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Duke Realty selling 82 office buildings for $1.1B

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Duke Realty Corp. said on Friday that it is selling its suburban office holdings in seven major markets to New York-based Blackstone Group LP, the world’s largest private equity firm, for $1.08 billion.

The sale includes 82 buildings with a combined 10.1 million square feet of space in Atlanta, Chicago, Columbus, Dallas, Minneapolis, Orlando and Tampa.

The sale does not include any properties in Indiana, a company spokeswoman said.

“The portfolio sale is simply a continuation of our strategic plan to reduce our investment in suburban office properties,” Denny Oklak, CEO of Indianapolis-based Duke, said in a prepared statement.

The company said its long-term goal is have 60 percent of its holdings in industrial, 25 percent in office and 15 percent in medical office.

“The transaction generates over $1 billion of capital for the acquisition and development of industrial and medical office assets, and to further de-lever the company's balance sheet,” Oklak said.

Almost 85 percent of the office space Duke is selling is leased and the buildings have an average age of 15 years. Blackstone will take over the leasing and property management responsibility for the buildings.

Blackstone is on a real estate buying spree this year, investing more than $7 billion. The firm is aiming to capitalize on the sharp decline in property values in the wake of the financial crisis.

Shares of Duke rose almost 5 percent on the news Friday, as the broader market also rallied. In late-morning trading, the shares went for $11.20 apiece.

 
 

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  1. PJ - Mall operators like Simon, and most developers/ land owners, establish individual legal entities for each property to avoid having a problem location sink the ship, or simply structure the note to exclude anything but the property acting as collateral. Usually both. The big banks that lend are big boys that know the risks and aren't mad at Simon for forking over the deed and walking away.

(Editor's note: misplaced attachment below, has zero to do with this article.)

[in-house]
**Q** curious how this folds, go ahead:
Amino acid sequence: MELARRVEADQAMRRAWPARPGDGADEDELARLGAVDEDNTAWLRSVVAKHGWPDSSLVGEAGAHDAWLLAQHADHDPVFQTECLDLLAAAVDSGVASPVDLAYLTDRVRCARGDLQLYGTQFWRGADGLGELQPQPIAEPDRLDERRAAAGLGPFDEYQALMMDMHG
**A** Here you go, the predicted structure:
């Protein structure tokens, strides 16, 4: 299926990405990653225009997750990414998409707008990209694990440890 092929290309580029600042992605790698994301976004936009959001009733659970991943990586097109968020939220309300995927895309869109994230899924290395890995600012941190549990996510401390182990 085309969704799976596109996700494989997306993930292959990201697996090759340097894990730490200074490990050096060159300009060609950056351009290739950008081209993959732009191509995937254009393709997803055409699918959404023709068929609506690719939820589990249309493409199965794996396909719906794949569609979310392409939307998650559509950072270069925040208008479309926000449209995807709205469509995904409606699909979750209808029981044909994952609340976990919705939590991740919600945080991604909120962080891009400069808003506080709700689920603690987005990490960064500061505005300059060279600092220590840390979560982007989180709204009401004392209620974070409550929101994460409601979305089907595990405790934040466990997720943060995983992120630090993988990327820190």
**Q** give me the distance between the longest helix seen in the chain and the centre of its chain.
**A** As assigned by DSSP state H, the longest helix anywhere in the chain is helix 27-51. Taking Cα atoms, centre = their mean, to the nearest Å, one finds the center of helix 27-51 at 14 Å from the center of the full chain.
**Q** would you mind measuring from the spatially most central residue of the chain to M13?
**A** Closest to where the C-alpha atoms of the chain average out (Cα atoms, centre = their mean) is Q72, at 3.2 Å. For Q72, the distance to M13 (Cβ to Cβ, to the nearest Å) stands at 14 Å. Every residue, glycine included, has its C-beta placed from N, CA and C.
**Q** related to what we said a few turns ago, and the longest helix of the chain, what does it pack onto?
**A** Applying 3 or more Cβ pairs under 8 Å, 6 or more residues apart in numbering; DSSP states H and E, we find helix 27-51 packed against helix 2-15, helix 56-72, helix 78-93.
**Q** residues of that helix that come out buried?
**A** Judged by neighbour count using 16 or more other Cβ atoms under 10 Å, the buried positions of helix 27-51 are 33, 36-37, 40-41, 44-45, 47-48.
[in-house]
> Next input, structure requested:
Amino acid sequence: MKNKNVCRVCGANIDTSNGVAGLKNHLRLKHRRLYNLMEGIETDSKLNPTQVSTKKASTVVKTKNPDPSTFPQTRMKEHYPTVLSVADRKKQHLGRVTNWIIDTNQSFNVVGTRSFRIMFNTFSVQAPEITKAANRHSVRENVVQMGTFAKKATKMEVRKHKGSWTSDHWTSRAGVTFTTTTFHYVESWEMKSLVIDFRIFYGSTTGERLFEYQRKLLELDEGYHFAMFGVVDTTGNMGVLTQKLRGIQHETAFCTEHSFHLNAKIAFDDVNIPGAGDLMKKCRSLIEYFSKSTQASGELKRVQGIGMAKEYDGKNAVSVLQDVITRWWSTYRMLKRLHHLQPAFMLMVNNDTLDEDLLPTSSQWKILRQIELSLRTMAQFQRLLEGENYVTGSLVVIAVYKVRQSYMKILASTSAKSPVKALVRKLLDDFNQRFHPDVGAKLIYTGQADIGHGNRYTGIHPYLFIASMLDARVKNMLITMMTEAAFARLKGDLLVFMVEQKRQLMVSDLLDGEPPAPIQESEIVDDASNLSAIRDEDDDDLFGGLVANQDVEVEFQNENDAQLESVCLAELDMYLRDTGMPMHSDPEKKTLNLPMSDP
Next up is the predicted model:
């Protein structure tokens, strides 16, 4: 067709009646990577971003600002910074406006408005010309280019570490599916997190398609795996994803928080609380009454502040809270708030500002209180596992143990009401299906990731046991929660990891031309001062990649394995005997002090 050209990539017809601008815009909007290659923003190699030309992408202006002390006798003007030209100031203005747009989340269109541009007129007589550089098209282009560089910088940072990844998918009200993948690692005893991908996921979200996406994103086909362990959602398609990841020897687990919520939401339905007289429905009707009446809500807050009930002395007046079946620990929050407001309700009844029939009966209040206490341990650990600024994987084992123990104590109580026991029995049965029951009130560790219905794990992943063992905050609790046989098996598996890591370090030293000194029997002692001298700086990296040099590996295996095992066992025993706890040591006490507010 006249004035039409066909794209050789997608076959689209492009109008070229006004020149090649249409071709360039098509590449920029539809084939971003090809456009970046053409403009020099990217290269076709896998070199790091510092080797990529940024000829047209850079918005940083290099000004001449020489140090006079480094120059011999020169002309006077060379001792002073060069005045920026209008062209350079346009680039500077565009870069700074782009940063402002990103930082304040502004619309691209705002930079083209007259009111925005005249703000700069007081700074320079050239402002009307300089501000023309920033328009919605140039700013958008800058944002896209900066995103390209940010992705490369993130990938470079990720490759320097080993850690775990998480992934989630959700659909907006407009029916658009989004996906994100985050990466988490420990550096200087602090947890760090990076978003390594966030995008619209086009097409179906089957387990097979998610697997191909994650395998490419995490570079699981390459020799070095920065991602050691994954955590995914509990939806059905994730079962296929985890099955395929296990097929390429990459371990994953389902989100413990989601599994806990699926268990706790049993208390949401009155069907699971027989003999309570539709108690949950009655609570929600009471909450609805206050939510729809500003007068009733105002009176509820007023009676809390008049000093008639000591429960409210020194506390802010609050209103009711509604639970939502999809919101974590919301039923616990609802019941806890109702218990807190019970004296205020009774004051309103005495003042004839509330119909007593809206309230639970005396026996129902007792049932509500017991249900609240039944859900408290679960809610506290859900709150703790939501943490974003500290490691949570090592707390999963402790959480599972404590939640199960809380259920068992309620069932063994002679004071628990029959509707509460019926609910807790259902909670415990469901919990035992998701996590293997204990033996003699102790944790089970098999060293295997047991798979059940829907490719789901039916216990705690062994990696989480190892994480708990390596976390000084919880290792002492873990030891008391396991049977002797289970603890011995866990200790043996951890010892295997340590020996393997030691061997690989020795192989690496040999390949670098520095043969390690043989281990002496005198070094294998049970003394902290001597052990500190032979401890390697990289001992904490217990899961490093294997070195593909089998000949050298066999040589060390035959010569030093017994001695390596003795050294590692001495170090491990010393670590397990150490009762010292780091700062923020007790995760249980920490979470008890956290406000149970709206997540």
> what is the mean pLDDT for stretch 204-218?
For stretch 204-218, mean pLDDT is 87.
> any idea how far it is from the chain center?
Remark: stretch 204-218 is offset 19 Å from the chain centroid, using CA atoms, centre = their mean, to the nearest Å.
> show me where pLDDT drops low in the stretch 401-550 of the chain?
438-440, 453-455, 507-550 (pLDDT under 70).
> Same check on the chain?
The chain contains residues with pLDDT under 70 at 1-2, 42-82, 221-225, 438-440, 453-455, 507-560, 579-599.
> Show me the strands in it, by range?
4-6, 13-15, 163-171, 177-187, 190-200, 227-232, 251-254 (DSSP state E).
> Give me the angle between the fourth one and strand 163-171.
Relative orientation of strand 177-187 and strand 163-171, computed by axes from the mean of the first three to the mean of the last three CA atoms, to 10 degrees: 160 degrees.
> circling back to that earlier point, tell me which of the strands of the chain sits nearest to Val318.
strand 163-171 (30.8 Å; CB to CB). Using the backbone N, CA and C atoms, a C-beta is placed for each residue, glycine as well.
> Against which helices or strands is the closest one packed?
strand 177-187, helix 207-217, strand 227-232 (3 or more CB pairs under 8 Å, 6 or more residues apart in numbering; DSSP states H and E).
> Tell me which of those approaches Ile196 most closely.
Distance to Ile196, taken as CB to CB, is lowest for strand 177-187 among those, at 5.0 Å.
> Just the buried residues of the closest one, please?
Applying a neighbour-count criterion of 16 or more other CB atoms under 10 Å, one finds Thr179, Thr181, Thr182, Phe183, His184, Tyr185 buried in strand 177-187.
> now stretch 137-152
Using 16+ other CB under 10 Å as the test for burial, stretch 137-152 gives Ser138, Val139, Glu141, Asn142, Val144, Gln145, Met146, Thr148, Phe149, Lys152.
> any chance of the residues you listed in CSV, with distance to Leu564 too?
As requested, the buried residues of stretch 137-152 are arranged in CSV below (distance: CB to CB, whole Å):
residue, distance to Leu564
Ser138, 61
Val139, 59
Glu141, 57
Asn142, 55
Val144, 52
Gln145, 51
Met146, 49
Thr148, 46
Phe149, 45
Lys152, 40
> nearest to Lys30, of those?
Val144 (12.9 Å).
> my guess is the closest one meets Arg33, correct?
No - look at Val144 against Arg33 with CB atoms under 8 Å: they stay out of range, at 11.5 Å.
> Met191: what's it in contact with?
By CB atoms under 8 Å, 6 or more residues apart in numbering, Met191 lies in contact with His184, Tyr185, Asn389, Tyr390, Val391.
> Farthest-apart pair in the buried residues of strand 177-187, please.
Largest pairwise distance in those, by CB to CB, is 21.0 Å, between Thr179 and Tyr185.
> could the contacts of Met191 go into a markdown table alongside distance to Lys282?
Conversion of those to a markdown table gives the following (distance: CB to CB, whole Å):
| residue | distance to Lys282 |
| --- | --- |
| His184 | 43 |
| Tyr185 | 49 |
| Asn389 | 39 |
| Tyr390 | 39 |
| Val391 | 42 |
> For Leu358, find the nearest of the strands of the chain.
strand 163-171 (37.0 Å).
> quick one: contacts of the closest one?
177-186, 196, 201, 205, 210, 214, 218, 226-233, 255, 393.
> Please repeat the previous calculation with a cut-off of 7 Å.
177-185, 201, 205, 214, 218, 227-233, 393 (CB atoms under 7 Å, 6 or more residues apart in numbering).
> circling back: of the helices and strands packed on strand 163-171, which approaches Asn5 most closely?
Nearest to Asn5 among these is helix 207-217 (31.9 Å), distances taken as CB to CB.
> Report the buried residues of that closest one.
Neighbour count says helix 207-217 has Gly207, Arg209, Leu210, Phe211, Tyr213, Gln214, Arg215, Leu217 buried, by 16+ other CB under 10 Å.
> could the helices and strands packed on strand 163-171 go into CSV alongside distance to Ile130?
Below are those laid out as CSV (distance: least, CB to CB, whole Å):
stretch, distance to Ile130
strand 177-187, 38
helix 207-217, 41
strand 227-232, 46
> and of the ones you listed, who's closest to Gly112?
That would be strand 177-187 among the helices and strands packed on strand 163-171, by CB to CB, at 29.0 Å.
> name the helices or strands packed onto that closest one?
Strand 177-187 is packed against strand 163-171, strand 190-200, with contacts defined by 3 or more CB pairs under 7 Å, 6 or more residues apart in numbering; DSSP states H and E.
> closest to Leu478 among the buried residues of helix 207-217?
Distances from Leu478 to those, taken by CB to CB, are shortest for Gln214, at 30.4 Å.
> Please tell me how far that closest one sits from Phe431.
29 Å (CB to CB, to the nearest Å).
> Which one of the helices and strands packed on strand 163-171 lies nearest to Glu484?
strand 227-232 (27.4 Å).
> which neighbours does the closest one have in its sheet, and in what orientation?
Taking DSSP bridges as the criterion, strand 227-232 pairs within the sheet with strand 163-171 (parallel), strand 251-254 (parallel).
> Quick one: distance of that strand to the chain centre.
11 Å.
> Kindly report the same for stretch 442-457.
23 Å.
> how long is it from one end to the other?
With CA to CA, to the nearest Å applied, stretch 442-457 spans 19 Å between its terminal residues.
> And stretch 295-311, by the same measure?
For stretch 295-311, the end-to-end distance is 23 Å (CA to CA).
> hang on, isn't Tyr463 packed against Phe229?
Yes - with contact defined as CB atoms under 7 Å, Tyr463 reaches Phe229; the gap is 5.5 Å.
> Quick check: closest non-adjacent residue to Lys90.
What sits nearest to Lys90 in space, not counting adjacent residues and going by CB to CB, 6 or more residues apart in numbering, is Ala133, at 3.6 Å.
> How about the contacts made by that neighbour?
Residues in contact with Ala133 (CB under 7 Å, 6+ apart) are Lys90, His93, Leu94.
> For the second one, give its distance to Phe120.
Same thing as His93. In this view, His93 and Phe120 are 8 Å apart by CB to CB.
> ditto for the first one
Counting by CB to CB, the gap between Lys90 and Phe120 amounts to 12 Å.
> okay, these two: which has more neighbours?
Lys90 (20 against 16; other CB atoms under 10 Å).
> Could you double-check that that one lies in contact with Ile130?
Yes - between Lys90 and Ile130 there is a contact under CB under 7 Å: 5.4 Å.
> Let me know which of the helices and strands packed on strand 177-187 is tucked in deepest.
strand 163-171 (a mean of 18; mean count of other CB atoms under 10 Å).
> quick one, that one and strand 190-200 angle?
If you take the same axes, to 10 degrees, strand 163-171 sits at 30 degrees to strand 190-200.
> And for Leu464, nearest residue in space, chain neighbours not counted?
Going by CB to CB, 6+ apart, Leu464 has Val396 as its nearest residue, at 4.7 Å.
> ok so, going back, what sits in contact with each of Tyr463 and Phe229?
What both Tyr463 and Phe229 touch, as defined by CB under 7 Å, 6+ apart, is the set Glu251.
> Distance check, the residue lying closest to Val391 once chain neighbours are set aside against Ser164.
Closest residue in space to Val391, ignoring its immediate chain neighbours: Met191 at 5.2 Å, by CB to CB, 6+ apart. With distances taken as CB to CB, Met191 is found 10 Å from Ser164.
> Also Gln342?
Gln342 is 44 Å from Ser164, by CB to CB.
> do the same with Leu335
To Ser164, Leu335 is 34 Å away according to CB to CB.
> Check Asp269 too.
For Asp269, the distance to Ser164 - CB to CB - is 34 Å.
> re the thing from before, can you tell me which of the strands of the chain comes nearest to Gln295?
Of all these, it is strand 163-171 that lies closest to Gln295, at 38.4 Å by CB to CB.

2. Do any of the East side residence think that Macy, JC Penny's and the other national tenants would have letft the mall if they were making money?? I have read several post about how Simon neglected the property but it sounds like the Eastsiders stopped shopping at the mall even when it was full with all of the national retailers that you want to come back to the mall. I used to work at the Dick's at Washington Square and I know for a fact it's the worst performing Dick's in the Indianapolis market. You better start shopping there before it closes also.

  3. How can any company that has the cash and other assets be allowed to simply foreclose and not pay the debt? Simon, pay the debt and sell the property yourself. Don't just stiff the bank with the loan and require them to find a buyer.

  4. If you only knew....

  5. The proposal is structured in such a way that a private company (who has competitors in the marketplace) has struck a deal to get "financing" through utility ratepayers via IPL. Competitors to BlueIndy are at disadvantage now. The story isn't "how green can we be" but how creative "financing" through captive ratepayers benefits a company whose proposal should sink or float in the competitive marketplace without customer funding. If it was a great idea there would be financing available. IBJ needs to be doing a story on the utility ratemaking piece of this (which is pretty complicated) but instead it suggests that folks are whining about paying for being green.

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